Researchers say a decrease in snowfall may be responsible for the desiccation or drying up of subarctic lakes at a rate not seen in 200 years.
Seventy shallow lakes near Old Crow, Yukon and Churchill, Manitoba were studied between 2010 and 2012. Most lakes were less than a meter or 39 inches deep and located on relatively flat terrain while surrounded by scrubby vegetation.
Average winter precipitation, particularly in the Churchill area, declined by nearly 30 inches between 2010 and 2012 compared to averages recorded between 1971 and 2000.
Frédéric Bouchard, a postdoctoral fellow at Université Laval’s Department of Geography and the Centre for Northern Studies and a co-author of the study, said in a news release about the research that precipitation in the form of snow represents about 30% to 50% of the annual water supply.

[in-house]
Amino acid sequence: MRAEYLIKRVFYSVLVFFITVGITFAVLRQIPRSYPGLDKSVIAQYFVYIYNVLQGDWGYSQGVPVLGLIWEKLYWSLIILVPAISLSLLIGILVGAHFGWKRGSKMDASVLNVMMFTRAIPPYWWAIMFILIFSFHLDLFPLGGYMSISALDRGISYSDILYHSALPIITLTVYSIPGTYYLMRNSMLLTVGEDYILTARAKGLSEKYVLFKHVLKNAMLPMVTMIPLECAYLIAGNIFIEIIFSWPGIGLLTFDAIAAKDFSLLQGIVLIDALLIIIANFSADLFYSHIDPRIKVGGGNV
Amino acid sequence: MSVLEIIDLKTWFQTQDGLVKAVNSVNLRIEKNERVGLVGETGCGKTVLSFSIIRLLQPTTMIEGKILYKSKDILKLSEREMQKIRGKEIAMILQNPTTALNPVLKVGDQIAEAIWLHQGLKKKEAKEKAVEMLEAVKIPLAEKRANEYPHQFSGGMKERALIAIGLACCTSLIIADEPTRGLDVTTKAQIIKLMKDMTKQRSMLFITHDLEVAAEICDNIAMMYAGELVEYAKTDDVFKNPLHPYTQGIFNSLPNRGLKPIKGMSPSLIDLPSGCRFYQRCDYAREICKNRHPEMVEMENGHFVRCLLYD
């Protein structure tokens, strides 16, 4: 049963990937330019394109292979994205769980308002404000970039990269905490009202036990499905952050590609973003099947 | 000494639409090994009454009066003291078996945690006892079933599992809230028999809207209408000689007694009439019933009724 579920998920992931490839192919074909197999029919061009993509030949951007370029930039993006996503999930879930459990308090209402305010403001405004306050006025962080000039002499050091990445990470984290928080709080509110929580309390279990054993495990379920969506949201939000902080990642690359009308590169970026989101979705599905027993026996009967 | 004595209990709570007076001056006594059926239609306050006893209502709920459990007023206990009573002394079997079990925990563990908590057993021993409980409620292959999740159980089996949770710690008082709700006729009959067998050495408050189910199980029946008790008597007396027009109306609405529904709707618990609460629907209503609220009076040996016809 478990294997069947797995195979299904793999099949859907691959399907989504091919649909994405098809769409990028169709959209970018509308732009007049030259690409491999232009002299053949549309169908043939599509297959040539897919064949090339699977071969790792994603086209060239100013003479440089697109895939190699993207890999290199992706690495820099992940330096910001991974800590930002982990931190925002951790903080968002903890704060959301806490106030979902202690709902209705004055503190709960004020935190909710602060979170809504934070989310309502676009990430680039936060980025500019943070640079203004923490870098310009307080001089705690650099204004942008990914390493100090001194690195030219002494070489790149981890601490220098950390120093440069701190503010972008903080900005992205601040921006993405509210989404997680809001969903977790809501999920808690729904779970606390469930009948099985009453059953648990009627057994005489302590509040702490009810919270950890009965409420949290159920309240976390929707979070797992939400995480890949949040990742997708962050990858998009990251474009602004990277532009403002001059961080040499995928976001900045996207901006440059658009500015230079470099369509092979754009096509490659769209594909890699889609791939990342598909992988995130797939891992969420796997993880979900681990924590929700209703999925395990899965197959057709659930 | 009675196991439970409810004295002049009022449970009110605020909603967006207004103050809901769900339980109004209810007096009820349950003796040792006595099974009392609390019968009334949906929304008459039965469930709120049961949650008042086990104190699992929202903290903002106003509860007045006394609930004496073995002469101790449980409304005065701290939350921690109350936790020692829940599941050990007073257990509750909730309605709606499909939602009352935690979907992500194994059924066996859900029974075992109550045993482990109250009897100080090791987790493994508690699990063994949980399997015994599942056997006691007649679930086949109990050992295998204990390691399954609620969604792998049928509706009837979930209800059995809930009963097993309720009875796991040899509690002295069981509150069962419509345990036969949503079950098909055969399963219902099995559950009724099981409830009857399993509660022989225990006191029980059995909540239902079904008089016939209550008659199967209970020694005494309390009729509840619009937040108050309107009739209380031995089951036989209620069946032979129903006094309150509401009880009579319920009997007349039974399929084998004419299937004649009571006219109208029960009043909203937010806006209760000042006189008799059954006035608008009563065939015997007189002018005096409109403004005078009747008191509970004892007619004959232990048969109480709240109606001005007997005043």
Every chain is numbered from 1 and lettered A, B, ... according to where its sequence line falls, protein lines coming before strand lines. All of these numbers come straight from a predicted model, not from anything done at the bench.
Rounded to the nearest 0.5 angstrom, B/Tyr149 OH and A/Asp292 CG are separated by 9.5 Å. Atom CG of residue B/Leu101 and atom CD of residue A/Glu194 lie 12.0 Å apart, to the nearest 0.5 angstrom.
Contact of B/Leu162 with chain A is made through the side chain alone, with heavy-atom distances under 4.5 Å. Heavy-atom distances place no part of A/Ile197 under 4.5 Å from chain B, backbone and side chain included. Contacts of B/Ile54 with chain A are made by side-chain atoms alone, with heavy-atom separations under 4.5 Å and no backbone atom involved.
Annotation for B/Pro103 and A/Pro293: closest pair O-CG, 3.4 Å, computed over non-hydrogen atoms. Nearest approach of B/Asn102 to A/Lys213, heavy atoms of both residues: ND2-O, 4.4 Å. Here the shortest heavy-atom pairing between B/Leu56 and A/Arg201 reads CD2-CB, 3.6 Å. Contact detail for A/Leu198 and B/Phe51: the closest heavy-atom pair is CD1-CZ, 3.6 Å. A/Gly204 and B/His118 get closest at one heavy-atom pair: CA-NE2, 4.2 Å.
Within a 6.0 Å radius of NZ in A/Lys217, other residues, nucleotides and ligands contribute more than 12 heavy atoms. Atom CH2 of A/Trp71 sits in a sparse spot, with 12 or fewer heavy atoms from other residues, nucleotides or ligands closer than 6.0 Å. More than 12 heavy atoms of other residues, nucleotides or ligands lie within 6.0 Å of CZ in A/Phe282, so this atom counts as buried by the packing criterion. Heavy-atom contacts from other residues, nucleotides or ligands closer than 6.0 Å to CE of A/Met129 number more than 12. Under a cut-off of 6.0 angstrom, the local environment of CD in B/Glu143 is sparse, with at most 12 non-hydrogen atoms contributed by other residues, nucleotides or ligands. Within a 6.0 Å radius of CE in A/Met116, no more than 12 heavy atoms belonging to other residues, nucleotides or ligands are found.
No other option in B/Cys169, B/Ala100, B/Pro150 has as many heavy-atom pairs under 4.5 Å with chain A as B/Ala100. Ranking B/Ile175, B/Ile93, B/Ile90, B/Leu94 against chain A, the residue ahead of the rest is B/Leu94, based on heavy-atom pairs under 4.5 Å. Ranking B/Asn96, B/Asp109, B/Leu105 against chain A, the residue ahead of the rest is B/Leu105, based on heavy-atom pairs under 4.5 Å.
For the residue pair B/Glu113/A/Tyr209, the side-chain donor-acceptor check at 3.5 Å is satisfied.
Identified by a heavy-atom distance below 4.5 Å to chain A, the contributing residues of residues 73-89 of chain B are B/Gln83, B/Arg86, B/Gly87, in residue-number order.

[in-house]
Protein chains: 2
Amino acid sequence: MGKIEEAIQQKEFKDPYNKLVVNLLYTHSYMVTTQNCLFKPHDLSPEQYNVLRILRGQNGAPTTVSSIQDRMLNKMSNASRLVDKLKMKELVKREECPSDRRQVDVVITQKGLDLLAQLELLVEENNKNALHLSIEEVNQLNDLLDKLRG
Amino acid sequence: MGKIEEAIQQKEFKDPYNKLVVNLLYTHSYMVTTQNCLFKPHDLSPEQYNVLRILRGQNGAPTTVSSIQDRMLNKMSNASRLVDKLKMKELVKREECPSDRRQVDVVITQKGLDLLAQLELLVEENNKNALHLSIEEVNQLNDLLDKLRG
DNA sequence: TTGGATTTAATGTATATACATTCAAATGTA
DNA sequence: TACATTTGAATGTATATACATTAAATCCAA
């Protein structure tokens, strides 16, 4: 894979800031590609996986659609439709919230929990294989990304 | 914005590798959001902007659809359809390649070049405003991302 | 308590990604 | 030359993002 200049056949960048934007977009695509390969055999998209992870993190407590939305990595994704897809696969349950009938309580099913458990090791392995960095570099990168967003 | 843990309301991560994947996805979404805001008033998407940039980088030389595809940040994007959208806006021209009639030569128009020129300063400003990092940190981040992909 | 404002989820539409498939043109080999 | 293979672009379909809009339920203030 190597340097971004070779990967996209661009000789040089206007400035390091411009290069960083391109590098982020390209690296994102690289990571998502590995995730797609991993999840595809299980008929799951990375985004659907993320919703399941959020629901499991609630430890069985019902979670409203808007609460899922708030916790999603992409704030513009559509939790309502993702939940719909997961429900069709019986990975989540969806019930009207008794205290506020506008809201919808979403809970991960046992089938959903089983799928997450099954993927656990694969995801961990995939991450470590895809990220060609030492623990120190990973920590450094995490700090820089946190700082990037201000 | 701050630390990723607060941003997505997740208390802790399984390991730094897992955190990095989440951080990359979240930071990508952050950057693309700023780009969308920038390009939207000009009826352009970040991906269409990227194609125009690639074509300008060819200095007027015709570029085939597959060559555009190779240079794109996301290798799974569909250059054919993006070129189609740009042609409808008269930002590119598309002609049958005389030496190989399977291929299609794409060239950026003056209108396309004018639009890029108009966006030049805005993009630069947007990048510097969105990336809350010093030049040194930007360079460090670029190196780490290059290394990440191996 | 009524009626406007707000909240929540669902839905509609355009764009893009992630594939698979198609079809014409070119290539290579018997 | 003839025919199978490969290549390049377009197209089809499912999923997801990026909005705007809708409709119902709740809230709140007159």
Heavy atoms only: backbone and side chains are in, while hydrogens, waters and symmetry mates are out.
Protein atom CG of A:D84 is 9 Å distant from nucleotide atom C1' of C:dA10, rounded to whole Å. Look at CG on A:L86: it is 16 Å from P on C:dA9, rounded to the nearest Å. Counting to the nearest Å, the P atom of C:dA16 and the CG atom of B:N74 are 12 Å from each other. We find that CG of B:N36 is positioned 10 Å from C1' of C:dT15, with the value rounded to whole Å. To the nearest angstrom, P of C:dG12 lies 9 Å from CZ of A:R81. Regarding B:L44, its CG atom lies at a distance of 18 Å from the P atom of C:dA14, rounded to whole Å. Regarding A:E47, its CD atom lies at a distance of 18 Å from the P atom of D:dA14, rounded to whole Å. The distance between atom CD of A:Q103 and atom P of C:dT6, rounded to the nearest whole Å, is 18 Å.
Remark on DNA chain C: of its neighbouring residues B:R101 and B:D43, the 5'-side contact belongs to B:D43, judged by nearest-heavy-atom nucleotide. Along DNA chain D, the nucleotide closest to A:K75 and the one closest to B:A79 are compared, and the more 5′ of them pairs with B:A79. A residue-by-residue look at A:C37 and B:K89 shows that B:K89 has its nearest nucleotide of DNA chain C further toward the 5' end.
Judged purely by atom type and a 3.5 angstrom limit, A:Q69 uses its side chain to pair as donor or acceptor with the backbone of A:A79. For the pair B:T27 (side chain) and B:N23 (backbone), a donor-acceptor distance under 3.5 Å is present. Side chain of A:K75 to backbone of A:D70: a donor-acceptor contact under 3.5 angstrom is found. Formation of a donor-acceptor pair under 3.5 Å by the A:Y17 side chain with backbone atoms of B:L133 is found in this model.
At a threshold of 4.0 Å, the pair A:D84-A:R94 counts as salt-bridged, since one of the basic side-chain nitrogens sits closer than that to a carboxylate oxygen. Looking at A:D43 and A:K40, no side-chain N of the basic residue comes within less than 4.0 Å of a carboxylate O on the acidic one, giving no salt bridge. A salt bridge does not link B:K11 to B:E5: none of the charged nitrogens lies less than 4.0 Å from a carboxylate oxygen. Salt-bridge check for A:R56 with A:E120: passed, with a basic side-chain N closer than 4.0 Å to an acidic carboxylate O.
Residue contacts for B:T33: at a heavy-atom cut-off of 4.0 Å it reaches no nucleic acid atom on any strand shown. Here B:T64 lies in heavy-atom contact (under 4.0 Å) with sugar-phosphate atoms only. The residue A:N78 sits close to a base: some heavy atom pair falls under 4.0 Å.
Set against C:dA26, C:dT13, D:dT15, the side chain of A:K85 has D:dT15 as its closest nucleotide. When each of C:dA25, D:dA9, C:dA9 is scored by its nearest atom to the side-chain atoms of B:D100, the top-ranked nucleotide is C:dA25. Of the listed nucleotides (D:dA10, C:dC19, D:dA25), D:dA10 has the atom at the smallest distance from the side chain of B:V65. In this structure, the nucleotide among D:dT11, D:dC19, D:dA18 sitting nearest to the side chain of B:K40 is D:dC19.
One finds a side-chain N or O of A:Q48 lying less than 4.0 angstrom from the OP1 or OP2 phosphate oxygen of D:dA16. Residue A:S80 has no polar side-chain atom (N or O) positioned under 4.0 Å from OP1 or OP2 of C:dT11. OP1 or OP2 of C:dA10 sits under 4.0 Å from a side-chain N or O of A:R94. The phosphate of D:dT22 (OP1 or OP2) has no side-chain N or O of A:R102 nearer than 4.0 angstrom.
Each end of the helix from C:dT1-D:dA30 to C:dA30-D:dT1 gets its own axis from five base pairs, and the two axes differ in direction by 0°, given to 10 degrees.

Isotopic analyses conducted on phytoplankton remains in lakebed sediment indicate that the lakes have maintained water balance for 200 years, but were disrupted a few years ago.
Many of the shallowest lakes could dry up completely if the trend continues of dry summers and less snowy winters as has been forecasted in climate models.
“It’s difficult to predict all the repercussions of this habitat loss,” said Bouchard, “but it’s certain that the ecological consequences will be significant.”
Researchers from Université Laval in Quebec, Wilfrid Laurier University in Waterloo, Brock University in St. Catharines, and the University of Waterloo conducted the study that was published last month by the scientific journal Geophysical Research Letters.
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